It is methodologically challenging to try to find out the everyday lives of young children. As a response, Lydia Plowman and Olivia Stevenson have developed a novel approach asking parents to send the researchers combined picture and text messages to provide ‘experience snapshots’ of their child’s activities.
The paper “Using mobile phone diaries to explore children’s everyday lives” (2012) sets out the approach. There were four key problems that Plowman and Stevenson wanted to address in trying to understand more about everyday lives of young children: i) their visits to family homes were generally during weekday working hours and so they could not be sure that what they observed was typical, ii) family homes do not easily lend themselves to participant research by outsiders, iii) the three- and four-year-old children who were the focus of their research were not able to remember some of the activities they had been involved in, or describe them fully, and iv) they wanted to know more about children’s activities beyond the home.
In order to address the challenge, they asked parents to send them combined picture and text messages using their own phones’ media capture functionality to provide a visual diary of family activities. The paper describes the procedure they developed to use this approach in their study ‘Toys and Technologies’:
“We sent text prompts six times at varying intervals between 09.00 and 17.00 on the pre-arranged Saturdays and parents were asked to respond within thirty minutes with a picture message of their child along with text stating i) their location, ii) who they were with, and iii) what they were doing, with the option of a reply saying that a picture was not possible. We did not ask them to focus on anything in particular, simply whatever their child was doing when they received the prompt. The leaflet stated ‘It doesn’t matter what is happening at the time – your child might be watching the television, going somewhere or just doing nothing much at all. There is no need to set up the photo – it can just be spontaneous.’ We confirmed receipt of each message. ‘” (Plowman and Stevenson, p. 542-543).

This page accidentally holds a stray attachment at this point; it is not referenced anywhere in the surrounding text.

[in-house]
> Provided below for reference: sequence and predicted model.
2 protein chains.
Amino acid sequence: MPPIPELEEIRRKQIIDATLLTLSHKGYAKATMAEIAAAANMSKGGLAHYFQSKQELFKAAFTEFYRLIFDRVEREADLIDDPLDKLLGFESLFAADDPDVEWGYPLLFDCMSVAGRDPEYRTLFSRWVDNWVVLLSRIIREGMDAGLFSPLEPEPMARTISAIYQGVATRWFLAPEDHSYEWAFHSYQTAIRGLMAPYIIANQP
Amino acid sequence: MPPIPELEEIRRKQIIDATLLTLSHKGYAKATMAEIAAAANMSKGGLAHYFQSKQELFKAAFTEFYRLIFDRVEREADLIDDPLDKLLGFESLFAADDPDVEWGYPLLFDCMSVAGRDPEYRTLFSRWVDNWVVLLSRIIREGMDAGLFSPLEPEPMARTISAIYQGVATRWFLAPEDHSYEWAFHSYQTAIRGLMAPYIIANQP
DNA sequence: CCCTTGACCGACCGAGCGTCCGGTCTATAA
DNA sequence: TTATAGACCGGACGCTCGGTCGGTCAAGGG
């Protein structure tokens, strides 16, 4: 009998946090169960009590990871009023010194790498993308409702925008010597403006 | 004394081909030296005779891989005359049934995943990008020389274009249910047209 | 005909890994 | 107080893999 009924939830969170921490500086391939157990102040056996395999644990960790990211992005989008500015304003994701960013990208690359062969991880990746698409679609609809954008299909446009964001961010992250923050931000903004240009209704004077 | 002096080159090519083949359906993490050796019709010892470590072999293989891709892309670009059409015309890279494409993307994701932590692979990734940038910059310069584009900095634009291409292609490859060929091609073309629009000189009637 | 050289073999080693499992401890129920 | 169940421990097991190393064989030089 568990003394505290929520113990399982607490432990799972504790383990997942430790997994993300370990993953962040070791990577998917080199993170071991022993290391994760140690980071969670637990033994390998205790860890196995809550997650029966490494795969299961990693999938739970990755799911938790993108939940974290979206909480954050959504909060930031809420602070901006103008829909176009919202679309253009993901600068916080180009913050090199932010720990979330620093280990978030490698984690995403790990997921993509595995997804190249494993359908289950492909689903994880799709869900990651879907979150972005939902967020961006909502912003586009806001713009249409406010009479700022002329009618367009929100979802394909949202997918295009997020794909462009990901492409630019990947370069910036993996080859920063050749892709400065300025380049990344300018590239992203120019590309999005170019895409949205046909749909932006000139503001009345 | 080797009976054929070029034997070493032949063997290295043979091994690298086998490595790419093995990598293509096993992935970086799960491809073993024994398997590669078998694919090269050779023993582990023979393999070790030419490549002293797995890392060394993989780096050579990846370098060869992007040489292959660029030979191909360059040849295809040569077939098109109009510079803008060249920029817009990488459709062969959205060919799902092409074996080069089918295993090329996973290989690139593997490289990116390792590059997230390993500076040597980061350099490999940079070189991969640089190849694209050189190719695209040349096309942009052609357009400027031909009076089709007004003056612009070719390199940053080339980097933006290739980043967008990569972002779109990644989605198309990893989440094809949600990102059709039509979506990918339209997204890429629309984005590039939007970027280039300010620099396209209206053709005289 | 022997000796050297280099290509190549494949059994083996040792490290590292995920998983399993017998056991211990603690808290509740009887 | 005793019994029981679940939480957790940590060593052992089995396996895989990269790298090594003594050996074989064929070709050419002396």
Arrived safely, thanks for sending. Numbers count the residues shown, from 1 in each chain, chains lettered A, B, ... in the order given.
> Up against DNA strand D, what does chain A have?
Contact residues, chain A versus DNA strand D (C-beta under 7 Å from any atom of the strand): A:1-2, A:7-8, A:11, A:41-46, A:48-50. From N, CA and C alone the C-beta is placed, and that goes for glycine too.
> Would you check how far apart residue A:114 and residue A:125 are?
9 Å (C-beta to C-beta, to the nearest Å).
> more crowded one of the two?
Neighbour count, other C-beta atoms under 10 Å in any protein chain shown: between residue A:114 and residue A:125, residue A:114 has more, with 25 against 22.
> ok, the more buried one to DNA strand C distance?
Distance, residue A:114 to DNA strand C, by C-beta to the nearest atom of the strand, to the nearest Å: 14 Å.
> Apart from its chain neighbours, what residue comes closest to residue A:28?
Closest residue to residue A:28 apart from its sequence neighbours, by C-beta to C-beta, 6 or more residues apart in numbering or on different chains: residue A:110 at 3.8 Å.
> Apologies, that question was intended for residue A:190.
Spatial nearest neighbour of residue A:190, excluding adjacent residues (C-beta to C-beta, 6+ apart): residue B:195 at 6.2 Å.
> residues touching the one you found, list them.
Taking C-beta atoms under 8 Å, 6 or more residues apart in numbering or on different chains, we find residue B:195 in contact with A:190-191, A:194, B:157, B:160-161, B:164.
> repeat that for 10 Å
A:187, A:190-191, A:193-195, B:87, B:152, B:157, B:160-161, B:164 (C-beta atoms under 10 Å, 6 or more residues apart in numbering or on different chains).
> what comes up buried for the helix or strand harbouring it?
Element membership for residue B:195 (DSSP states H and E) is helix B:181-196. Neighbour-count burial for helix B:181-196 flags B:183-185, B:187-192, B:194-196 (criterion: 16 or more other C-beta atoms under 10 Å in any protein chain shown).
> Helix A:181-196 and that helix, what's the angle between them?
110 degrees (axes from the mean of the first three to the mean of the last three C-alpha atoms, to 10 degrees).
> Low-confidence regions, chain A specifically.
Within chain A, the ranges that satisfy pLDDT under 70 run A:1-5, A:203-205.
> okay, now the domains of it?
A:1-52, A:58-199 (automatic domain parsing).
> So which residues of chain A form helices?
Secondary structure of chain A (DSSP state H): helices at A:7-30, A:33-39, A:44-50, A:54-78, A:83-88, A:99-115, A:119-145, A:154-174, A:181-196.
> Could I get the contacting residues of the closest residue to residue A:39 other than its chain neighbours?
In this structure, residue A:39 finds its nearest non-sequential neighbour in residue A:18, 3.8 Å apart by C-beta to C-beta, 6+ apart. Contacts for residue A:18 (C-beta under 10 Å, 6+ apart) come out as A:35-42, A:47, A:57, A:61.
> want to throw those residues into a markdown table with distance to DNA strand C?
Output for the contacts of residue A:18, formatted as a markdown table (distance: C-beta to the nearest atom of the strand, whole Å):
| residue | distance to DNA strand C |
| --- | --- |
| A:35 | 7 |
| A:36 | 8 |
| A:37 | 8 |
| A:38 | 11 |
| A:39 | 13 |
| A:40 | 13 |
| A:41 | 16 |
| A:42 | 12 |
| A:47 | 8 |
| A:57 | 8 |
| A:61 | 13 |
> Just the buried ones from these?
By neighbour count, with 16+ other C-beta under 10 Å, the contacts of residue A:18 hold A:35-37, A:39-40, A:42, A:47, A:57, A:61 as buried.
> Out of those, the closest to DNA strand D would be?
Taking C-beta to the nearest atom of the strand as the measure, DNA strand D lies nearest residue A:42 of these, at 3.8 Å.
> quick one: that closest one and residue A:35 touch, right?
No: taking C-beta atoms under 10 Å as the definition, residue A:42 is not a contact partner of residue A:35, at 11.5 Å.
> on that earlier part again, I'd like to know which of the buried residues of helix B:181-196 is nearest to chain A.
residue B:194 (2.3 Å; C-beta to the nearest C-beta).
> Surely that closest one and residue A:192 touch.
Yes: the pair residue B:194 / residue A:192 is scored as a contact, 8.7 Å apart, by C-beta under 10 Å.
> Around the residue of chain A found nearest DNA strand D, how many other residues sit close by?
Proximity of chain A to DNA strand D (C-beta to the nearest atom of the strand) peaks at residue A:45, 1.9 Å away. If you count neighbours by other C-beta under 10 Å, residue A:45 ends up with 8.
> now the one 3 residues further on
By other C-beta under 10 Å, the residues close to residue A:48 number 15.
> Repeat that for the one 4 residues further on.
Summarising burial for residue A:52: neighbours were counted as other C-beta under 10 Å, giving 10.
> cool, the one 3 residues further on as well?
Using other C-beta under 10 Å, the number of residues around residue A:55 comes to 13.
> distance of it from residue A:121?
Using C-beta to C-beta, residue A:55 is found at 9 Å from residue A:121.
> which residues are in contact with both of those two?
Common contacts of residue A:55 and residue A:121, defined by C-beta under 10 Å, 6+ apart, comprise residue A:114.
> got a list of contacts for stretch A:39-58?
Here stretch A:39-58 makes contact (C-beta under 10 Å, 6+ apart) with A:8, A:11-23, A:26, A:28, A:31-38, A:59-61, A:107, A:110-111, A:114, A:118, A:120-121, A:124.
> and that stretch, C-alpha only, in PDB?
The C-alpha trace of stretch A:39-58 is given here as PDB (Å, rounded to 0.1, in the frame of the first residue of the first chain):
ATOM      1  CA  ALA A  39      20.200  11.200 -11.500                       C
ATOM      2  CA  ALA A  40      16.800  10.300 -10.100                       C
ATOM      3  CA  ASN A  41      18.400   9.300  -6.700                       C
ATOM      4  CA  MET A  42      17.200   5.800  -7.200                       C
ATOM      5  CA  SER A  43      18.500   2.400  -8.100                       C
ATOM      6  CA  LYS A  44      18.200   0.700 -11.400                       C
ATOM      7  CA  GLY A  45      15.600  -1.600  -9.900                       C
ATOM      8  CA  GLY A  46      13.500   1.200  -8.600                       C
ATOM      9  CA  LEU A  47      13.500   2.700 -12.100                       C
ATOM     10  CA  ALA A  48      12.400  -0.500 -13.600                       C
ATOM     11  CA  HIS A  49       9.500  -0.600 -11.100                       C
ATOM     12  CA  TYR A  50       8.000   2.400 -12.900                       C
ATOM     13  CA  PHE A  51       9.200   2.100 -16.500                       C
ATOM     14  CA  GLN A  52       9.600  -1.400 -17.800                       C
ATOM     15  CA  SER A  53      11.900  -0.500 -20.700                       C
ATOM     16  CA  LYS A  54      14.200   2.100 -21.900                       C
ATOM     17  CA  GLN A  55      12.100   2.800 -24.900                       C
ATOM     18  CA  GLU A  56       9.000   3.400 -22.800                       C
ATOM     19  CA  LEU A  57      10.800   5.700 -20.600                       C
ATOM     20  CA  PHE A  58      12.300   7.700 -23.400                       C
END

In another paper “Researching Young Children’s Everyday Uses of Technology in the Family Home” (2015), Plowman introduces and situates the technique of the mobile phone diaries within an ecocultural approach (Section 5.2.2) as well as introducing other approaches to research with young children and digital practices in the home.
Plowman L. & Stevenson O. (2012) Using mobile phones to explore children’s everyday lives. Childhood 19 (4) 539-553. (can be downloaded from Plowman’s academia site at edinburgh.academia.edu/LydiaPlowman or from the journal website at http://journals.sagepub.com/doi/abs/10.1177/0907568212440014)
Plowman L. (2014) Researching children’s everyday uses of technology in the family home. Interacting with Computers 27 (1) 36-46. (can be downloaded here at Plowman_2014).